After a car wreck on the winding Mulholland Drive renders a woman amnesiac, she and a perky Hollywood-hopeful search for clues and answers across Los Angeles in a twisting venture beyond dreams and reality.
In NYC's Chinatown, recluse math genius Max (Sean Gullette) believes "everything can be understood in terms of numbers," and he looks for a pattern in the system as he suffers headaches, plays Go with former teacher Sol Robeson (Mark Margolis), and fools around with an advanced computer system he's built in his apartment. Both a Wall Street company and a Hasidic sect take an interest in his work, but he's distracted by blackout attacks, hallucinations, and paranoid delusions..
The film "Pi" describes the Talmudic tradition of finding meaning in the numerical values of Biblical words and phrases. A common misconception is that in recording the dimensions of one piece of temple furniture, Pi is evaluated to 3. This mistake is based on a misunderstanding of the measurements of the ceremonial bowl. (1st Book of Kings Chapter 7 verse 23) See more »
In different takes the "Wall-Street" numbers on the display panel are the same, the numbers never really change and it is more or less always the same stocks, no matter what time it is. See more »
9:13, Personal note: When I was a little kid my mother told me not to stare into the sun. So once when I was six I did. The doctors didn't know if my eyes would ever heal. I was terrified, alone in that darkness. Slowly, daylight crept in through the bandages, and I could see. But something else had changed inside of me. That day I had my first headache.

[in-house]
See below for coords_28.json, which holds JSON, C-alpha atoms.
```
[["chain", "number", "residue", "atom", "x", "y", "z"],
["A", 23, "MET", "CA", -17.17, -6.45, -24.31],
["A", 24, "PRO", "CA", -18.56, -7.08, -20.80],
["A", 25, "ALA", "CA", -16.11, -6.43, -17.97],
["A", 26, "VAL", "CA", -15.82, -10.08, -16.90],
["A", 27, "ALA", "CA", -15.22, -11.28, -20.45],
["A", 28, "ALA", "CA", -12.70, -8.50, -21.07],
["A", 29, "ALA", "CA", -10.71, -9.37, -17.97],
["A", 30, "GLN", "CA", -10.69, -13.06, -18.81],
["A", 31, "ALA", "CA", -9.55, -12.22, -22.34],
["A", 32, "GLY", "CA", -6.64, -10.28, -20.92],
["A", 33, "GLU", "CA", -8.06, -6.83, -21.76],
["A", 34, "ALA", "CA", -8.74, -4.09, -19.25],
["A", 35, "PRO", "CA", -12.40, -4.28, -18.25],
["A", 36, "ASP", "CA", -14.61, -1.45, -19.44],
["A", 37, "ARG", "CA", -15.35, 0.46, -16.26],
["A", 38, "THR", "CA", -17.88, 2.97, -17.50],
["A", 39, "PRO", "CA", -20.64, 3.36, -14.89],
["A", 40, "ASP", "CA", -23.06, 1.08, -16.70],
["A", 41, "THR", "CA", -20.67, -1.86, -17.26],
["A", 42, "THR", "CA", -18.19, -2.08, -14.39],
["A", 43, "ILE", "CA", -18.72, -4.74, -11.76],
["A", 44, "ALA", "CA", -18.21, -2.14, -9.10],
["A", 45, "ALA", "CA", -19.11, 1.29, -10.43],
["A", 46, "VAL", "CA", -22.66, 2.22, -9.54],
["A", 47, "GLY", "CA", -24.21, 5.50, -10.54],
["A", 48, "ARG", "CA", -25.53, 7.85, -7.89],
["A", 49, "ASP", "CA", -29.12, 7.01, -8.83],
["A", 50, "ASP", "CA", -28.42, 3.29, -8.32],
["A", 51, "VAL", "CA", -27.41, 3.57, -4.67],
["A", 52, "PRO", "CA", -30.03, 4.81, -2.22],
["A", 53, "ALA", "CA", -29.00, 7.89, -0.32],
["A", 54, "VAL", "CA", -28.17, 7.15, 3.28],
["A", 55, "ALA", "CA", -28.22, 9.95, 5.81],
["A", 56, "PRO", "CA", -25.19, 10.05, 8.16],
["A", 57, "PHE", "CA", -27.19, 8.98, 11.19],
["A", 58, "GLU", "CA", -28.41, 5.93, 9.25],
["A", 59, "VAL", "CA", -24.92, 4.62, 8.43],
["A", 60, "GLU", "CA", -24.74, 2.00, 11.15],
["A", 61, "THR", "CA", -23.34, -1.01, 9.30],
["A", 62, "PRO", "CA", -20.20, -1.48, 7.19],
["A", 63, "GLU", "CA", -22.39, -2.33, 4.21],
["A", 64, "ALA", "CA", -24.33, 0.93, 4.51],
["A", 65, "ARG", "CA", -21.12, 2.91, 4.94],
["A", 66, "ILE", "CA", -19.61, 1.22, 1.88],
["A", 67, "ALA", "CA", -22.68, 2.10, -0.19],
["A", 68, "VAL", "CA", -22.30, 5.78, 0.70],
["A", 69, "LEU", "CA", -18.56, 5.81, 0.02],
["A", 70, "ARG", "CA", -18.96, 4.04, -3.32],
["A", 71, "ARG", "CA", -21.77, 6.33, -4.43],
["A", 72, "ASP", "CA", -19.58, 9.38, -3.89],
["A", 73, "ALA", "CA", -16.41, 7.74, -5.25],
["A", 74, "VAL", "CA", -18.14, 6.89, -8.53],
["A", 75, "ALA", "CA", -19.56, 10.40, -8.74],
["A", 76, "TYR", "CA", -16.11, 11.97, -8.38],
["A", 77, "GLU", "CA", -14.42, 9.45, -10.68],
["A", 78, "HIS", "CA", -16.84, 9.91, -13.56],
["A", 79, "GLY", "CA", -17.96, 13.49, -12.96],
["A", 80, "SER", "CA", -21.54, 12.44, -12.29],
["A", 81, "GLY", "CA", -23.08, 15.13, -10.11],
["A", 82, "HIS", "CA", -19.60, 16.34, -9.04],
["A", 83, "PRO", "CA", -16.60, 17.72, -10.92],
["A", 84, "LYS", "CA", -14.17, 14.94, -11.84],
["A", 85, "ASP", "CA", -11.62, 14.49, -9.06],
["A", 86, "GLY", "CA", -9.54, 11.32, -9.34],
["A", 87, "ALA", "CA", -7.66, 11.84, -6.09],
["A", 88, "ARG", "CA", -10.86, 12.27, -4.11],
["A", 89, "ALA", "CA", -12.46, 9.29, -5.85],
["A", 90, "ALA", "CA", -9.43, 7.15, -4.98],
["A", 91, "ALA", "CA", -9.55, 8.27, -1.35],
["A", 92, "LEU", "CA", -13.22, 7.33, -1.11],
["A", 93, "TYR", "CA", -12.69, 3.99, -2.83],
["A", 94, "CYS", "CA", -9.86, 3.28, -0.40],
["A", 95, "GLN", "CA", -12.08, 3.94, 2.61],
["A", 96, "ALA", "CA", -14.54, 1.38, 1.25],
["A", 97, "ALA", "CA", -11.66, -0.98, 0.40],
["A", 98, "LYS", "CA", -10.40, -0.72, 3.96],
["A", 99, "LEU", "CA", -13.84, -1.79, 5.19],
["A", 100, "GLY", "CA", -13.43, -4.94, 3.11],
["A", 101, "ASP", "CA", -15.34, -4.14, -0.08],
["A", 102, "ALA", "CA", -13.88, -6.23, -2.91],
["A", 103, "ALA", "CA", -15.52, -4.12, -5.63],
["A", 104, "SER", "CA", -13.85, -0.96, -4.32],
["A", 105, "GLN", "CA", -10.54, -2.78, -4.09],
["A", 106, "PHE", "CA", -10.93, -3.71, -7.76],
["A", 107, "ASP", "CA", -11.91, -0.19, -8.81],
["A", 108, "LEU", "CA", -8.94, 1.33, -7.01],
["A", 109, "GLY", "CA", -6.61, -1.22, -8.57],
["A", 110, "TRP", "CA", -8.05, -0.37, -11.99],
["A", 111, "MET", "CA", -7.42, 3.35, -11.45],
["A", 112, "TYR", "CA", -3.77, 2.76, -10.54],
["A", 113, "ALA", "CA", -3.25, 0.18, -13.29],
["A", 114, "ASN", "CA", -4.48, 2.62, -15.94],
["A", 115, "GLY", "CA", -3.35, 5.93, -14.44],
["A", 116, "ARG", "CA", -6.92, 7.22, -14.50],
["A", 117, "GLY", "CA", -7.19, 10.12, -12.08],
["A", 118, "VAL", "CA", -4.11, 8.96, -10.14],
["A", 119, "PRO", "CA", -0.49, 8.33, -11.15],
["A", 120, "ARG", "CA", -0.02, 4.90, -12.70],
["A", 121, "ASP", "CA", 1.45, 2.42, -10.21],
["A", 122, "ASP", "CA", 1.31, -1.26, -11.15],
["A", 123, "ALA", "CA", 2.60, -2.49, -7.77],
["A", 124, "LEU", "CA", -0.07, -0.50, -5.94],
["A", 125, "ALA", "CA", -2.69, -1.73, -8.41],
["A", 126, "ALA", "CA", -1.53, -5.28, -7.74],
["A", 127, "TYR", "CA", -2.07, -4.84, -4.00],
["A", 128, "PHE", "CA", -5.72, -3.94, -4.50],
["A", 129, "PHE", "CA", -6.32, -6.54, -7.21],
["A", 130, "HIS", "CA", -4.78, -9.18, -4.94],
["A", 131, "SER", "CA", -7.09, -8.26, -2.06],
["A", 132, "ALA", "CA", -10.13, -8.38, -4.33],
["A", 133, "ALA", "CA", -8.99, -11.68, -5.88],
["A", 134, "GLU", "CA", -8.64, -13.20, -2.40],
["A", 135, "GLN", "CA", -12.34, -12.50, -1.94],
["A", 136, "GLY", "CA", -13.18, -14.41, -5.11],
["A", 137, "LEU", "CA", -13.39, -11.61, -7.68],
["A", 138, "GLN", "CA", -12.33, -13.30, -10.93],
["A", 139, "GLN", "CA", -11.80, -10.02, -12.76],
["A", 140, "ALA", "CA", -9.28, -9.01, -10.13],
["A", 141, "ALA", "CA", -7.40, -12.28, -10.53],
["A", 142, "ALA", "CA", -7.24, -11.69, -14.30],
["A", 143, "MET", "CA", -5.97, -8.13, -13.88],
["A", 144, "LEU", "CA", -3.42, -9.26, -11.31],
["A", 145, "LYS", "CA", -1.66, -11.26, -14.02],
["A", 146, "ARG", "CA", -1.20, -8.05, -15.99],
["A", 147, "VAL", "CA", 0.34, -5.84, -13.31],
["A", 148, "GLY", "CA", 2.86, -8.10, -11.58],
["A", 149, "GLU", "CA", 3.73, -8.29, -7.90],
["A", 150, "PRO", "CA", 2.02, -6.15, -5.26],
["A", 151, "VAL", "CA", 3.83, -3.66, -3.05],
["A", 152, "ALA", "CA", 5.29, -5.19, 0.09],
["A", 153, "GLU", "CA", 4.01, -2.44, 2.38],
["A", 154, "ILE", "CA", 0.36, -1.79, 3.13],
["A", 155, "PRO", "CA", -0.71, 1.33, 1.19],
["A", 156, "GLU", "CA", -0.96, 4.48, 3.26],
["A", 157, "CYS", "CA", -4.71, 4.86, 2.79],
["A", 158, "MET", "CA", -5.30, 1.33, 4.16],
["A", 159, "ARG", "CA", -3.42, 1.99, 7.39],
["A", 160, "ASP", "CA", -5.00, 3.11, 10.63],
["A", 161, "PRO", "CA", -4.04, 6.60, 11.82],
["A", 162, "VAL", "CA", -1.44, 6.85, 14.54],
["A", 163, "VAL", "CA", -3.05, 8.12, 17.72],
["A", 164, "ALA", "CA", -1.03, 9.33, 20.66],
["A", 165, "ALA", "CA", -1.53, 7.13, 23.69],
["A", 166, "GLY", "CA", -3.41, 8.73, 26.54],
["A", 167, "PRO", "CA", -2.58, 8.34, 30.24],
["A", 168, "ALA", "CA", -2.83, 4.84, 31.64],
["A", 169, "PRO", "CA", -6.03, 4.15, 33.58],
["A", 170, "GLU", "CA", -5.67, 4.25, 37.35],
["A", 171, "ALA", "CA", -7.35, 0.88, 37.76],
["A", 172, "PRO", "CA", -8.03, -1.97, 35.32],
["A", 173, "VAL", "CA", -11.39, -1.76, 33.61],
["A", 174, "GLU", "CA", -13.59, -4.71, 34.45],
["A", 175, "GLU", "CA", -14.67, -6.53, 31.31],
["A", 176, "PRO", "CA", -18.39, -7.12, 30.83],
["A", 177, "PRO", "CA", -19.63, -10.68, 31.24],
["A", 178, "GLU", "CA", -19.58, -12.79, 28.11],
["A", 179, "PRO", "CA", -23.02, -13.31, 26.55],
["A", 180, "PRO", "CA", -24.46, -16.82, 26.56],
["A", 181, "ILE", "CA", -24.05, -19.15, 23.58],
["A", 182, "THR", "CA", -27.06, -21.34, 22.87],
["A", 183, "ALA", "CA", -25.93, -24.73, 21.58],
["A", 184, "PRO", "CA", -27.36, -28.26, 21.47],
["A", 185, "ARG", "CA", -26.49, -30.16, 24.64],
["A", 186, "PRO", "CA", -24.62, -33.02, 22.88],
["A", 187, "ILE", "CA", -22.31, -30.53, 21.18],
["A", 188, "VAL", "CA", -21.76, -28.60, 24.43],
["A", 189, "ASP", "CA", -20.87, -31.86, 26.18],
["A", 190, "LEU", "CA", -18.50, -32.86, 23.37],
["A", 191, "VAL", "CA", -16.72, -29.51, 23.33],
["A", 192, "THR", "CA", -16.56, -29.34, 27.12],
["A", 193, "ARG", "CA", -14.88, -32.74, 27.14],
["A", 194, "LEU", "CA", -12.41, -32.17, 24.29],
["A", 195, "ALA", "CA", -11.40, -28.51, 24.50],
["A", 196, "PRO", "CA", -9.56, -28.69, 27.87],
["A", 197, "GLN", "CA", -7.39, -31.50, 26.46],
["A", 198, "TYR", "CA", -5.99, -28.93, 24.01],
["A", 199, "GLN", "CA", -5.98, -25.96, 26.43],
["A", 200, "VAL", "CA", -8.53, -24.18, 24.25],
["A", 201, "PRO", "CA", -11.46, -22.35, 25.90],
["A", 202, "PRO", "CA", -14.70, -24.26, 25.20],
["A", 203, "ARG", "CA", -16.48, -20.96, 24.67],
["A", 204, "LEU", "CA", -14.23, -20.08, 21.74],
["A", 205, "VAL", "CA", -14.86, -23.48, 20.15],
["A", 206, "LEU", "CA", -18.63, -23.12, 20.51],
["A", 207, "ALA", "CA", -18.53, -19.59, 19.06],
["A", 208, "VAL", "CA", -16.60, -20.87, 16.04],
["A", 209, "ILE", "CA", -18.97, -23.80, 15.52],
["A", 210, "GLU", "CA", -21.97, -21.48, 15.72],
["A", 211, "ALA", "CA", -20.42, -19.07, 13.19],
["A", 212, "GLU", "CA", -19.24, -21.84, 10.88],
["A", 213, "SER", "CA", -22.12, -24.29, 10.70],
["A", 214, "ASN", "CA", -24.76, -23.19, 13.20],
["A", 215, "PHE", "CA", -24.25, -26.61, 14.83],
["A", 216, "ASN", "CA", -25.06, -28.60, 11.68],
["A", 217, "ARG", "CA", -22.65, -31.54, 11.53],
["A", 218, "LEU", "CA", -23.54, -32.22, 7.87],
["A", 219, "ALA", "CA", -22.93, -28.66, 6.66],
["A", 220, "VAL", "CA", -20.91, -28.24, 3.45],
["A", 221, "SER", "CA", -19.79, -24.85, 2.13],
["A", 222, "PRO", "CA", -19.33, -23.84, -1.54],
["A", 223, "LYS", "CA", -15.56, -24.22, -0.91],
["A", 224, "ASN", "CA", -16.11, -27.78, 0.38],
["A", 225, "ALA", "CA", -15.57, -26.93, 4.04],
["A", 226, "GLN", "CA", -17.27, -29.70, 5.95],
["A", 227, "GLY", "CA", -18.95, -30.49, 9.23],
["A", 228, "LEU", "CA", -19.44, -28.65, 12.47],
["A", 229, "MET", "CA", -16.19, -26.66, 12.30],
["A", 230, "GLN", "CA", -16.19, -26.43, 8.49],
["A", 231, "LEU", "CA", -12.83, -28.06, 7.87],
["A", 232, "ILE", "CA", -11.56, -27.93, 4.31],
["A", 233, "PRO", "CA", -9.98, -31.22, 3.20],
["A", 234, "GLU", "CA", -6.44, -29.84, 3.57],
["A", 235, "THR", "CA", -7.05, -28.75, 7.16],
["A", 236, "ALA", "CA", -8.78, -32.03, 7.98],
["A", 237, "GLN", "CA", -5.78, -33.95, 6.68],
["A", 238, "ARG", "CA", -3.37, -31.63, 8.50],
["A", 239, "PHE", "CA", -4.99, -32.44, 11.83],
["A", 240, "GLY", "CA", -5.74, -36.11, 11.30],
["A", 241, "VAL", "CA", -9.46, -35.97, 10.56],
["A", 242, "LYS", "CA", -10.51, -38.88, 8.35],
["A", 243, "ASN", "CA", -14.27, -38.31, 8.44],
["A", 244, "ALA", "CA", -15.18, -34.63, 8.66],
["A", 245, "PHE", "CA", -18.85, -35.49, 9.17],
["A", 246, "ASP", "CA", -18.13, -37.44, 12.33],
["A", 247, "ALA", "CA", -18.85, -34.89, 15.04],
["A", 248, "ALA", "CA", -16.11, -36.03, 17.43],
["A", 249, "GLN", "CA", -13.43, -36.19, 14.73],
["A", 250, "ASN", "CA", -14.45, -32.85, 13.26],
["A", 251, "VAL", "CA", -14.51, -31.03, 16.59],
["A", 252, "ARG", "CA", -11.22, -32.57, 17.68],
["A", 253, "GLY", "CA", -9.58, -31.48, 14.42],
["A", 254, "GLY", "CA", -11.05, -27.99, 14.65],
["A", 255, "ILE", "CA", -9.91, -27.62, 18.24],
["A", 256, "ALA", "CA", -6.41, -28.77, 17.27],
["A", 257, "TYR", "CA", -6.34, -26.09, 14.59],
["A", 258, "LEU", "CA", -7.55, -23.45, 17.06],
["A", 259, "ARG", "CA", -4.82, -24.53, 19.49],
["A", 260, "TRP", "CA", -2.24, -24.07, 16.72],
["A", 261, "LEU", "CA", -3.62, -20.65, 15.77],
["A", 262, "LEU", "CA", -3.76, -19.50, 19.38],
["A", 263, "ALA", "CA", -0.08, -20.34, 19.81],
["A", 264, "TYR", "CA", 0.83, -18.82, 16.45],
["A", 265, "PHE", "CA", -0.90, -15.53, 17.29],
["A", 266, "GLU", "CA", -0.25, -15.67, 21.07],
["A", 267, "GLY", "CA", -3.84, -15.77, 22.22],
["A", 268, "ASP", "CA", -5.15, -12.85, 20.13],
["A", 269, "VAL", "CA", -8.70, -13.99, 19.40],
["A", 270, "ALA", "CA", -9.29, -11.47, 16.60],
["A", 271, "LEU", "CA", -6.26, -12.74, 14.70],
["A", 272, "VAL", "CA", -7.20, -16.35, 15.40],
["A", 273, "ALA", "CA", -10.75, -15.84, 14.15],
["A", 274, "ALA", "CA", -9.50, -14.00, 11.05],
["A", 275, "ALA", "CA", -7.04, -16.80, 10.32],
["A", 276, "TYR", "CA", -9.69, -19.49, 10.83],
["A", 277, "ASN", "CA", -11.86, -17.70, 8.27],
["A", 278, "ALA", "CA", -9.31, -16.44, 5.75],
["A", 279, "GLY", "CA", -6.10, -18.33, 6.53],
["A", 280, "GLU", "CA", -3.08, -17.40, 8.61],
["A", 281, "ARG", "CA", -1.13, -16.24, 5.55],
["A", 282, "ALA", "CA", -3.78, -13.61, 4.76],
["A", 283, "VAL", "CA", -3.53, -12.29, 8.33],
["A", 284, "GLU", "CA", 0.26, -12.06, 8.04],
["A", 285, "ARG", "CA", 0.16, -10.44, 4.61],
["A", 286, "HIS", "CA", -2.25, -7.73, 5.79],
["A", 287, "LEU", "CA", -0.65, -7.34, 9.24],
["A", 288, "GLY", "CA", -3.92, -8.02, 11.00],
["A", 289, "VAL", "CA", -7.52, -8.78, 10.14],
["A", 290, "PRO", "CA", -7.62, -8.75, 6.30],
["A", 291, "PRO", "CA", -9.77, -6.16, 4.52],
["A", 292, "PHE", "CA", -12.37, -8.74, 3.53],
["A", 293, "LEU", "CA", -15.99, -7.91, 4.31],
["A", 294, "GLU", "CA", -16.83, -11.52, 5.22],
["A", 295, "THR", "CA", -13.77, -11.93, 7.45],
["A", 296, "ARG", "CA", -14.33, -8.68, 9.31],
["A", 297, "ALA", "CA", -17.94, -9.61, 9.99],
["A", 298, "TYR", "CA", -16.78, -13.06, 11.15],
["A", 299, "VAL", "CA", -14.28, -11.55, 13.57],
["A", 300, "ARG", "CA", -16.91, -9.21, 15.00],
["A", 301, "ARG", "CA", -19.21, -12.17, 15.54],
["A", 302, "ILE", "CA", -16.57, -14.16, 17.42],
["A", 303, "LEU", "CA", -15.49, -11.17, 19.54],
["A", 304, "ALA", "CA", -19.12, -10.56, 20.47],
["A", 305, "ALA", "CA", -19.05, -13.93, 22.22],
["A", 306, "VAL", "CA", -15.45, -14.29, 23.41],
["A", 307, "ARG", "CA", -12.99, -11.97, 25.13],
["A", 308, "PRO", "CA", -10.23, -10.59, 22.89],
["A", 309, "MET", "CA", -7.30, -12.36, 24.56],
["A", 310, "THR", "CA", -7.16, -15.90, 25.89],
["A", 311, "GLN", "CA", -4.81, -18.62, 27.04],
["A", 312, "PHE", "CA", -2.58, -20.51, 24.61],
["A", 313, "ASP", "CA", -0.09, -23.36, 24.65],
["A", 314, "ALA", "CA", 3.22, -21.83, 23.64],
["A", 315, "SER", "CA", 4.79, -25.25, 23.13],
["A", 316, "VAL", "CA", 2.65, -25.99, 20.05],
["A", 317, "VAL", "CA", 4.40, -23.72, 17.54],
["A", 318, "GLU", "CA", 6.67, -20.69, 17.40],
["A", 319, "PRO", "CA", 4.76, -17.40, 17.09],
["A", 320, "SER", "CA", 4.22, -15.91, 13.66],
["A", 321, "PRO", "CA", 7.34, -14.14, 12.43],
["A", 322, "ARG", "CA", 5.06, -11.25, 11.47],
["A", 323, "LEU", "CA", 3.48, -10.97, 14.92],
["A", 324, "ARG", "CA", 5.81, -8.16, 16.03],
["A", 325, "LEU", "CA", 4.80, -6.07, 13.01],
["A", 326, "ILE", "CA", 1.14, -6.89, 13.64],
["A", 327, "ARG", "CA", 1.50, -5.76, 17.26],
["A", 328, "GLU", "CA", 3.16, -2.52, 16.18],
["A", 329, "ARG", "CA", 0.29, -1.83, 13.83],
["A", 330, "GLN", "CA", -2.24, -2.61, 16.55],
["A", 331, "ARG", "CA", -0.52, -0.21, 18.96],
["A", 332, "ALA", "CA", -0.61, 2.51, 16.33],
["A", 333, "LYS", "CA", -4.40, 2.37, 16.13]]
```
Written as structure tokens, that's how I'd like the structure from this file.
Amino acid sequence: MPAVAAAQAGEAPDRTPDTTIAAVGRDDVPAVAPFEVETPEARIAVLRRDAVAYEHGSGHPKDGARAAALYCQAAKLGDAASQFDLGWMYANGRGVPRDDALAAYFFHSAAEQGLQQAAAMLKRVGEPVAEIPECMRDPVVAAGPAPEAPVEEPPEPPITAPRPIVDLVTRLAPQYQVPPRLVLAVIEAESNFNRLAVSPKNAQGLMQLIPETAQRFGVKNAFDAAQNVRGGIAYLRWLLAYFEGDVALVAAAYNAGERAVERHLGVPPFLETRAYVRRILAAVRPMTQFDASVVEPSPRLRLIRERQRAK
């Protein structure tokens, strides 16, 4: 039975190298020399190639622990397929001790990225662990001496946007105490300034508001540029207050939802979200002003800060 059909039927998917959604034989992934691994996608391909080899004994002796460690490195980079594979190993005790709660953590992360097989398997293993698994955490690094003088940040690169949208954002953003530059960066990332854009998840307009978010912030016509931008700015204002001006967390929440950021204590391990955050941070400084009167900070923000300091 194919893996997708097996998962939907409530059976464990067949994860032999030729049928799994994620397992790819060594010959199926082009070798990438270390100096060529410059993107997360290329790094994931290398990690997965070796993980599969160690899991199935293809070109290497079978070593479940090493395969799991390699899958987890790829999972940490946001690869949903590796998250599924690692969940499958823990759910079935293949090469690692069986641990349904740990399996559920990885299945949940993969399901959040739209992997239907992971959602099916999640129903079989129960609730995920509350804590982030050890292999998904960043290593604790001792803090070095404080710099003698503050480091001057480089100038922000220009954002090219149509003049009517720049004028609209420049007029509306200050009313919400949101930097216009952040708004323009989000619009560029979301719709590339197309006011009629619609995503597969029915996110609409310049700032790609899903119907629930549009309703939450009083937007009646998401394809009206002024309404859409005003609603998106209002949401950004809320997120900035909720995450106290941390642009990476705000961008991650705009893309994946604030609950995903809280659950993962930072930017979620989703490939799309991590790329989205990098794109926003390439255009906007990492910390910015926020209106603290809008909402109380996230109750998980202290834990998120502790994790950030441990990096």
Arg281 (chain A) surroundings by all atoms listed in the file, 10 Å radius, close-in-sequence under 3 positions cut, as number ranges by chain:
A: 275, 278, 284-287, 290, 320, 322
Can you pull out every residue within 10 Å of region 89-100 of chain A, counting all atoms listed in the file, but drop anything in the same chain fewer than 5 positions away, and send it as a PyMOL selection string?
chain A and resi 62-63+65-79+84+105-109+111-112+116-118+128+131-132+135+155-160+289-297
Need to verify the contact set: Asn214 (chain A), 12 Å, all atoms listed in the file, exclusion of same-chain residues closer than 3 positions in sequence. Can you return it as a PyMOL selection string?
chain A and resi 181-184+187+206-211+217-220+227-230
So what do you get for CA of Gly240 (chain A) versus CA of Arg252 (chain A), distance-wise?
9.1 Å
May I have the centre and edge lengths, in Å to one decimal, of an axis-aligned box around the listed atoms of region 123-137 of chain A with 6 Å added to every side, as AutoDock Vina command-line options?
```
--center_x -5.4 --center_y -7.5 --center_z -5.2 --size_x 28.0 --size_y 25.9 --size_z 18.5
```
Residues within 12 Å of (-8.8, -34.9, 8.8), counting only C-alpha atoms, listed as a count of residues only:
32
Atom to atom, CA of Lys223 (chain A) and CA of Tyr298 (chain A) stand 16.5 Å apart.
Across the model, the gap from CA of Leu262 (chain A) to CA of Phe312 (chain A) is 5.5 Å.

See more »
In the original script, the man seen singing on the subway was referred to as the "Moustache Man". But since the part went to the clean-shaven Stanley B. Herman, the final movie credits list him as "Moustacheless Man". See more »
DVD version includes deleted scenes:
Max being threatened by Farrouhk, Devi's jealous boyfriend;
Max climbing up a pile of discarded computer parts and monitors;
the movie has some guidelines that follow the mathematical path, though strangely interpreted. It resembles the Lynch series, ("Eraserhead" actually), though Lynch uses more colour... I recommend it to all the freaks (lest they should go nuts like Max...) and to the movie freaks, that like to admire pure art. the number i've written is PI, with the precision of 216 decimals... and don't fool yourselves, it doesn't have any pattern, it just runs infinitely...
10 of 10 people found this review helpful.
Was this review helpful to you?
| Report this